Ski resorts tackle unseasonable warmth

Bartlett’s Villa Olivia resort plans to open its hills to skiers on Friday, but on the outset of another warm winter, managers are already sensing a trend becoming familiar in the Midwest’s ski industry.

The Chicago area had an unusually warm winter last year — the 14th warmest on record going back to 1872 — and the season seems to be headed in a similar direction this year. Every day of December so far has seen average temperatures warmer than the region’s climatological normal for the day.

While these mild winter temperatures can present agricultural and ecological concerns in the long term, they also affect businesses like ski resorts in a more immediate sense.

As staff at Villa Olivia struggle to get the hills ready before Friday, Kevin Aulisio, the resort’s golf and winter sports operations manager, said temperatures just haven’t been cool enough to make snow.

“It doesn't look like it’s going to happen. We're able to make snow today, we might be able to make some snow tomorrow, but that's not going to be enough to cover everything we need to cover,” Aulisio said Monday.

Villa Olivia is typically open for winter sports Thursday through Sunday, except between Christmas and New Year’s, when it’s open all week with the hopes of drawing in people who are off school. Despite the chillier start to this week, mild temperatures are forecasted to return Wednesday, making Villa Olivia’s winter break opening unlikely.

Aulisio said the resort has faced similar challenges with unseasonable December warmth in the past.

“It does seem to be the idea that we're kind of pushing (opening day) a little bit further back, because we’re not getting those cold, early December temps that we used to,” he said.

Just north of the Illinois border, another ski area is also having a slow start to the season. Wilmot Mountain, which sports eight lifts and 25 trails, opened the first weekend of the month but had to pause operations the following Saturday after a bout of rain melted the snow.

“Historically, we open either late November or early December. It's always weather dependent,” general manager Chuck Randles said. “Last year, we were able to open on the early side of our typical window, and that was due to some great snowmaking temperatures in mid-November. Just like this year, we did have some weather-related closures in early December.”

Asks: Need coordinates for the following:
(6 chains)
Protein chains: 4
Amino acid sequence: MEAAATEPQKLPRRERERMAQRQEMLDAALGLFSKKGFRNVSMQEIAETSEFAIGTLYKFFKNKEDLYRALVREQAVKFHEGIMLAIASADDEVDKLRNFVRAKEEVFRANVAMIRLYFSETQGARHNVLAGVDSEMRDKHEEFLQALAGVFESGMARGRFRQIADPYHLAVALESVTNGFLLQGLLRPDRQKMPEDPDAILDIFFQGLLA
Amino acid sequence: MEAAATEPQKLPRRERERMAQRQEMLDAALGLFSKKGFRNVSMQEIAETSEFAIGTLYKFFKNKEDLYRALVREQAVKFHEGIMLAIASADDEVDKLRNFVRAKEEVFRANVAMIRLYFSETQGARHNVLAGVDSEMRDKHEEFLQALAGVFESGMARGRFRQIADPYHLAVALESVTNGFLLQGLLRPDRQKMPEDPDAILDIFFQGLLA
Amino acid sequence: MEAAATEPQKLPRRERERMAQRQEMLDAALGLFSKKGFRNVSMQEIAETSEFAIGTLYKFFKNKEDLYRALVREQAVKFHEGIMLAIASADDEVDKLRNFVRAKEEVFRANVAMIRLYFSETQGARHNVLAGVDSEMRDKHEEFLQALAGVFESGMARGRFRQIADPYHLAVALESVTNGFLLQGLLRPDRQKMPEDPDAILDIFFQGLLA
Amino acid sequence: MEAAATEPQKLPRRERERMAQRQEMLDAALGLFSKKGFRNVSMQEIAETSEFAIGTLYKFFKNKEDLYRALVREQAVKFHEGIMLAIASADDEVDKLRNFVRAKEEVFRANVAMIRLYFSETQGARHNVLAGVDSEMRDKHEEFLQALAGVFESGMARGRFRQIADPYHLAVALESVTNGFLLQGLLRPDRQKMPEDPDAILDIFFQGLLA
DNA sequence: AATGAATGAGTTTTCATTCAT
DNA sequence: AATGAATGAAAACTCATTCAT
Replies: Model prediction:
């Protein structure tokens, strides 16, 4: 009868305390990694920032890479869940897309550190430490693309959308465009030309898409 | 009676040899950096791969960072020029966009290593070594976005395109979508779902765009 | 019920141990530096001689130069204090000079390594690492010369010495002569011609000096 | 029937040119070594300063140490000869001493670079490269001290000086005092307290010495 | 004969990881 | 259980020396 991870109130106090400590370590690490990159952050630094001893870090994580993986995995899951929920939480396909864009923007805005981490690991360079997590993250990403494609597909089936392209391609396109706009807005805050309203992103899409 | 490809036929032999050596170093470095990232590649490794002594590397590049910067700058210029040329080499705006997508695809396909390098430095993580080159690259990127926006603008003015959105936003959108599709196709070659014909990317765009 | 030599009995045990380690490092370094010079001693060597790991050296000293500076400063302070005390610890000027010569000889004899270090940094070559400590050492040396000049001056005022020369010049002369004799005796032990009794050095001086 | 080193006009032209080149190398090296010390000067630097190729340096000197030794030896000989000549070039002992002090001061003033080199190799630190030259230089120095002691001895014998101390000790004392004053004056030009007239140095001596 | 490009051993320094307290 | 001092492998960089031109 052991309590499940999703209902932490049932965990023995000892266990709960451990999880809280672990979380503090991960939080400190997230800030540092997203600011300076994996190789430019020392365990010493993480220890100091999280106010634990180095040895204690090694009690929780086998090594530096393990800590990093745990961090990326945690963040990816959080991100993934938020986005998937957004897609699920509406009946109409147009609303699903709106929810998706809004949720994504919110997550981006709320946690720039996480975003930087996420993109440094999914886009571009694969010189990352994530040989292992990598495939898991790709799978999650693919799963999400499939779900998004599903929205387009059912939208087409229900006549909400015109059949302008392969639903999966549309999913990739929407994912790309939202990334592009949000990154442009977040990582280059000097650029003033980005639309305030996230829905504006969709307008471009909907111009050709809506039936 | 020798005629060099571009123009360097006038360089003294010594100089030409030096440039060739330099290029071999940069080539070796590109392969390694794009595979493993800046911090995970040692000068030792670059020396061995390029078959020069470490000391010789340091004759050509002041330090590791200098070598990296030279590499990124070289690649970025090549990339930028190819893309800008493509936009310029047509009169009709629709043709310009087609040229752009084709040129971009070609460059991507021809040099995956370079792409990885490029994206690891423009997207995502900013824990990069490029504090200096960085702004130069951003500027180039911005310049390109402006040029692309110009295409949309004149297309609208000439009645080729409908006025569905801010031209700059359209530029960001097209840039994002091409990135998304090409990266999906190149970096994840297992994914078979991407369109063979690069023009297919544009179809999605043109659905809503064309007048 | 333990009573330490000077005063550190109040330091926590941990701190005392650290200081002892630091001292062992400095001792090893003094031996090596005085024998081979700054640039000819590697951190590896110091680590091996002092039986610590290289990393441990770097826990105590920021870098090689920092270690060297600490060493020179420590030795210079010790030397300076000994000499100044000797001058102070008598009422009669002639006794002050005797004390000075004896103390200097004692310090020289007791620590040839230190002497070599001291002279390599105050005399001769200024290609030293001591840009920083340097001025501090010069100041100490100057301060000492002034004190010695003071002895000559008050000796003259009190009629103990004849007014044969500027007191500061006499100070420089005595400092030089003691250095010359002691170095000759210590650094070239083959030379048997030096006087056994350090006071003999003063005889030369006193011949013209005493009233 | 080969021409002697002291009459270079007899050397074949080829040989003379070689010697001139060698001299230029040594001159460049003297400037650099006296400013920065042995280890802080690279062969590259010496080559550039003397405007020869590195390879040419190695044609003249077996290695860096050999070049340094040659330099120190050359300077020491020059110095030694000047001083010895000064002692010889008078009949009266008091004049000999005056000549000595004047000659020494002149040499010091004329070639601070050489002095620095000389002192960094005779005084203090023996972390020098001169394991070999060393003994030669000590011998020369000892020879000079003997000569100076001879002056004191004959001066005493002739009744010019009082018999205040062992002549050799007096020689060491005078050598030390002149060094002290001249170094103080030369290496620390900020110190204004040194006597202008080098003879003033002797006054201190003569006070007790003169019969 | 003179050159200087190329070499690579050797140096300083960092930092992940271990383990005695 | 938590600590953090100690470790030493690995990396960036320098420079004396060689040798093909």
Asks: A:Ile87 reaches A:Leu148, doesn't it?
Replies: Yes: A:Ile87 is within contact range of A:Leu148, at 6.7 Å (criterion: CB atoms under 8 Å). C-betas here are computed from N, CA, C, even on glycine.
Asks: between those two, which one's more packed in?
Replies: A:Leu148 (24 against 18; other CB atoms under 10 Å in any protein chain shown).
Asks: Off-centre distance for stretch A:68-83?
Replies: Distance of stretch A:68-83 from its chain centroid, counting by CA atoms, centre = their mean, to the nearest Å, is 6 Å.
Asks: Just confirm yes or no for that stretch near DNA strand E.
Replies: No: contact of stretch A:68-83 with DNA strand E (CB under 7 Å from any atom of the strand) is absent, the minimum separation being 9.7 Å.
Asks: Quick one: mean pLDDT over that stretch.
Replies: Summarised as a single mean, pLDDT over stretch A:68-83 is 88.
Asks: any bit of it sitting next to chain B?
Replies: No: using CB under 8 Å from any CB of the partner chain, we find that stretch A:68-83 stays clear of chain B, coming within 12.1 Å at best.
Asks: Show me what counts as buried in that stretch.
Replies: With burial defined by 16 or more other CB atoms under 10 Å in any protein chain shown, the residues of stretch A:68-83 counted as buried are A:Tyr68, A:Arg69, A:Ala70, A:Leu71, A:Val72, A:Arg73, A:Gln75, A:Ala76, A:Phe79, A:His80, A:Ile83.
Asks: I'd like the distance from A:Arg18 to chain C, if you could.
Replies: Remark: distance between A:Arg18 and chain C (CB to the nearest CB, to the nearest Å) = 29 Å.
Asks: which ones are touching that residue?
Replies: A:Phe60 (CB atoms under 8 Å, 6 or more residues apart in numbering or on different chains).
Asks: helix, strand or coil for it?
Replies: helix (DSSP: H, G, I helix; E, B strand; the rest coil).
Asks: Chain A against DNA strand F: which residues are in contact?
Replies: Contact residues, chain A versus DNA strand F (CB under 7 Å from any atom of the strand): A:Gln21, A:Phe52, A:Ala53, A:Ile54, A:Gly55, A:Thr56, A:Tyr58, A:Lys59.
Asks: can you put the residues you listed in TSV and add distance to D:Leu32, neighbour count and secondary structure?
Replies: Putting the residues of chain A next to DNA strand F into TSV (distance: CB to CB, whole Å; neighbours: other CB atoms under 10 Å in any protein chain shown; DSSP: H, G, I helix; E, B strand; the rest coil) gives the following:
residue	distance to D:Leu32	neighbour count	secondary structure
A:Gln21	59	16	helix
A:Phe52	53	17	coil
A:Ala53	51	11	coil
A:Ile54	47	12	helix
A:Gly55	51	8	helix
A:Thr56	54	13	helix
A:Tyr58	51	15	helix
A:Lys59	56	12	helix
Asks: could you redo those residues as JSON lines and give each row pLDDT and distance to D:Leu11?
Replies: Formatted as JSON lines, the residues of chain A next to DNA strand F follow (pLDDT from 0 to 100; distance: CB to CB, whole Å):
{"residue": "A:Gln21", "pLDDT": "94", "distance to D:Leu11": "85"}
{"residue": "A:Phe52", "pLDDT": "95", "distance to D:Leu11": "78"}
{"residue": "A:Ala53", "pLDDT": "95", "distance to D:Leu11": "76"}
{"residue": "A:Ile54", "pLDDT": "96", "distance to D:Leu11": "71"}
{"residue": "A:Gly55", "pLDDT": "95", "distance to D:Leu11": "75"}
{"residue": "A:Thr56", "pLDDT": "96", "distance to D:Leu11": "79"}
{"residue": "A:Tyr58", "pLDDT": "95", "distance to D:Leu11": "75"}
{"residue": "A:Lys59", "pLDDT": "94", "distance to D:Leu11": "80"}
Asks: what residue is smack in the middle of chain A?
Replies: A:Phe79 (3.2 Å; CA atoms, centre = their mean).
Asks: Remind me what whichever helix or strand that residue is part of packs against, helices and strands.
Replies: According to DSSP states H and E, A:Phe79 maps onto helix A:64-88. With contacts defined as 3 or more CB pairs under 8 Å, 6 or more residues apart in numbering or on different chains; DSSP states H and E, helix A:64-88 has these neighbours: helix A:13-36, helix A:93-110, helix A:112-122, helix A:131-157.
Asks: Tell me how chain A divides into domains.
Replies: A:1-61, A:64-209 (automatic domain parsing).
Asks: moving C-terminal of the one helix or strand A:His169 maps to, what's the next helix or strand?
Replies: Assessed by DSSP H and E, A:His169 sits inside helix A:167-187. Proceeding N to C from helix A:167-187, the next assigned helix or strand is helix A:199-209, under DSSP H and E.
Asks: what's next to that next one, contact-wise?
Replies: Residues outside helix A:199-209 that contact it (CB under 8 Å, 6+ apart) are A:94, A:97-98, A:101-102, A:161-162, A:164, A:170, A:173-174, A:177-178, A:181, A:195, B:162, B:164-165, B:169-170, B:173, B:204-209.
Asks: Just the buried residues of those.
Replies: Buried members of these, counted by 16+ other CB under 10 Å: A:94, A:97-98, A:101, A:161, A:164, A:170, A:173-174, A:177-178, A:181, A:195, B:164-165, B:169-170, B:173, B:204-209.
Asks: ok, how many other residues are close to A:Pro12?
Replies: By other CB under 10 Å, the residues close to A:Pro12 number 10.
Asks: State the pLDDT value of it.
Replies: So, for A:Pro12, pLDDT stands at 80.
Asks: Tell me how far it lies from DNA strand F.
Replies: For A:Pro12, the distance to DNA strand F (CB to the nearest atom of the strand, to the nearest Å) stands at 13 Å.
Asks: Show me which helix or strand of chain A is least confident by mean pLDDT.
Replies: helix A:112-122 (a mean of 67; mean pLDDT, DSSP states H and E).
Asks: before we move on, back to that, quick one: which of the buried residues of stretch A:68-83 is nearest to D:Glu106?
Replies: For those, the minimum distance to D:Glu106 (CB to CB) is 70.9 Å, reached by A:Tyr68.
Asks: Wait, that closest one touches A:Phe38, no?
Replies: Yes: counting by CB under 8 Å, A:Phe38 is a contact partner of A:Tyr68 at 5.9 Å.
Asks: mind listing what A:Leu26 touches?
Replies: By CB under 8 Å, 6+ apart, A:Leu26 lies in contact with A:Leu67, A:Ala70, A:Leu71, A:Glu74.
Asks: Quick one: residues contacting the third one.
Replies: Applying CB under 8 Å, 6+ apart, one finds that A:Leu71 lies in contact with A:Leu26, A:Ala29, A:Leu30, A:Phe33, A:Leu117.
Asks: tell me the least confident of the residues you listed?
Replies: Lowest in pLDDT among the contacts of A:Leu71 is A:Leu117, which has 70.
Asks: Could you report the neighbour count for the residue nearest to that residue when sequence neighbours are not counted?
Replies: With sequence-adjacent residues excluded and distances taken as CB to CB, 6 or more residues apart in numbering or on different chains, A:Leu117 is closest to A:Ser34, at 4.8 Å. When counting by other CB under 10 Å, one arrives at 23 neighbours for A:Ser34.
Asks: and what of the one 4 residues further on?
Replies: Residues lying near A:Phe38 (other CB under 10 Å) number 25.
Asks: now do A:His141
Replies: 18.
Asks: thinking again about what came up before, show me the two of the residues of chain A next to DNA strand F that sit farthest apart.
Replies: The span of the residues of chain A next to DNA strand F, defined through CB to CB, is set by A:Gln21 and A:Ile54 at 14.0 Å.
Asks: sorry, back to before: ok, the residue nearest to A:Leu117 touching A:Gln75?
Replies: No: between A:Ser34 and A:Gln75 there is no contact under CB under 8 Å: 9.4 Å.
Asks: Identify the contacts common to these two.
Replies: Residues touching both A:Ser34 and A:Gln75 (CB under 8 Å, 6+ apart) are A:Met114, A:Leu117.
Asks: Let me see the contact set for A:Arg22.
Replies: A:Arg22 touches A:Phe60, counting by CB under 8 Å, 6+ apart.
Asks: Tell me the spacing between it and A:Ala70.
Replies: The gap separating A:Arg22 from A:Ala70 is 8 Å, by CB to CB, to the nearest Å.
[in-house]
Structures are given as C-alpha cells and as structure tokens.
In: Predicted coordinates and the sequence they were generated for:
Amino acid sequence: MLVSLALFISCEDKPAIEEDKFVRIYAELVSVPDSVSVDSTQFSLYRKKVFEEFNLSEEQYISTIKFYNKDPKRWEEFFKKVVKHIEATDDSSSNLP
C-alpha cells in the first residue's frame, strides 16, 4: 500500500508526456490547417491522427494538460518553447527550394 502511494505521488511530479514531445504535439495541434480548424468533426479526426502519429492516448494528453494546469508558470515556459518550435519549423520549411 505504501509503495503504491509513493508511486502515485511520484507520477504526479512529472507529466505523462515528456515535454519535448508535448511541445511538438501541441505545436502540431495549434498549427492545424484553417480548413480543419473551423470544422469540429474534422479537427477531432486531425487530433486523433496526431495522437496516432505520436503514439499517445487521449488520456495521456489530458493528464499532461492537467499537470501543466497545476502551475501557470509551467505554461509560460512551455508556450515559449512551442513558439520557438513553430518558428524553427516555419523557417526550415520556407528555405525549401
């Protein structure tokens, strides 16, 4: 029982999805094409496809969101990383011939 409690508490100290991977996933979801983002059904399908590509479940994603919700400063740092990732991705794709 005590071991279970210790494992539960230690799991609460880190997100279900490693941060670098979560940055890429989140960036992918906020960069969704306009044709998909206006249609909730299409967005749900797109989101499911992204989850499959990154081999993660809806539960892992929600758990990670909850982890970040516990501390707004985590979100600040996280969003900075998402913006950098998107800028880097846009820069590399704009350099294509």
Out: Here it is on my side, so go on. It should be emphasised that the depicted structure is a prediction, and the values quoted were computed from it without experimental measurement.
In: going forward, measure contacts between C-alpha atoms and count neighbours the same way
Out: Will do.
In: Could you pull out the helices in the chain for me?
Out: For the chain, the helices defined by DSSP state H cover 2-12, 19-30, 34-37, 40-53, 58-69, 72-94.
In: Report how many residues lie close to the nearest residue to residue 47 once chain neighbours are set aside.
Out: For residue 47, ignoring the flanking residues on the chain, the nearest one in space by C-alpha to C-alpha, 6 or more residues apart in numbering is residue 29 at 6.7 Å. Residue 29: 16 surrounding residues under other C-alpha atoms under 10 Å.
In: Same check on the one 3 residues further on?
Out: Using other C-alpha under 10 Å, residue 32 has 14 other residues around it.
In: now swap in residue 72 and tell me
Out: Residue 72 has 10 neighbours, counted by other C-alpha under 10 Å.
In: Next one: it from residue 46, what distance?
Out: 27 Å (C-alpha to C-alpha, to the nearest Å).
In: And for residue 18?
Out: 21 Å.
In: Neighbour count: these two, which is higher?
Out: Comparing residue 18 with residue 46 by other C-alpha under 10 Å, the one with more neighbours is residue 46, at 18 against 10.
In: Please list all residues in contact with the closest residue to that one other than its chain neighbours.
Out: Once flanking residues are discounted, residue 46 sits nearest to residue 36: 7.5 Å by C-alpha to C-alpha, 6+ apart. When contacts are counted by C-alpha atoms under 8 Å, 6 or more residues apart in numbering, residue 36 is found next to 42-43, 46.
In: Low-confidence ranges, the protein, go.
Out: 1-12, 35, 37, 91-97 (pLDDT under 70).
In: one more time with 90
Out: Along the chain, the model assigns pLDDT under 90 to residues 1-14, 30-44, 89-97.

Wilmot reopened last weekend, operating two chair lifts and eight total runs. The resort again paused operations this week to take advantage of the snowmaking temperatures.

“We focus on what we can control, which is maintaining our equipment and leading our team to be ready to make the very best of the weather conditions that we have to work with,” Randles said. “I'm super proud of the team for having done that in another challenging early season.”

With warmer than normal temperatures on the horizon for the rest of the month — and possibly the rest of the season — the unseasonable weather can be chalked up to a number of large scale atmospheric patterns, National Weather Service meteorologist Kevin Doom said.

Three patterns could be at play: El Nino year, the jet stream and climate change. The latter is particularly hard for meteorologists to pinpoint.

“It’s pretty much impossible to tie any one single event or really any one single season to climate change, because when we think of climate, we think of weather over such a long period of time,” Doom said. “When when we're talking a winter like this, the fact that it's unseasonably mild is probably more due to the fact that we have an El Nino year, or just natural fluctuations in our seasons and our weather patterns.”

While climate change can certainly be tied to the overall trend of warming winters, it remains difficult to tie this particular winter with the long term phenomenon.

Though meteorologists are predicting a warmer than normal season, Doom advised that predictions don’t necessarily mean we won’t see a snowy New Year’s Eve or a cold snap in February.

“I would advise people to not let their guard down just yet. We're still very early in winter and things can change pretty quickly here,” Doom said. “Even though it's looking to be overall sort of milder than normal for the rest of the season, we will of course still see those cold snaps and will of course still see snow.”

Randles, who grew up skiing in the area, added that no matter the weather, “the Midwest skier is the passionate skier.”

“The Midwest skier will come out and enjoy skiing whether it’s a Midwest powder day all the way down to a rainy day or bluebird day when the sun is out and the air is crisp and cold,” he said.

• Jenny Whidden, is a climate change and environment writer working with the Daily Herald through a partnership with Report For America supported by The Nature Conservancy. To help support her work with a tax-deductible donation, see

Snow machines at Villa Olivia on Friday, Dec. 15, in Bartlett. The resort plans to fire the machines up again this week. (Brian Hill/ BrianHill
Villa Olivia on Friday, Dec. 15, in Bartlett. This year appears to be ready to follow a recent trend of mild winters that results in fluctuating schedules at ski resorts, as they monitor opening dates and manage snow-making opportunities. (Brian Hill/ BrianHill
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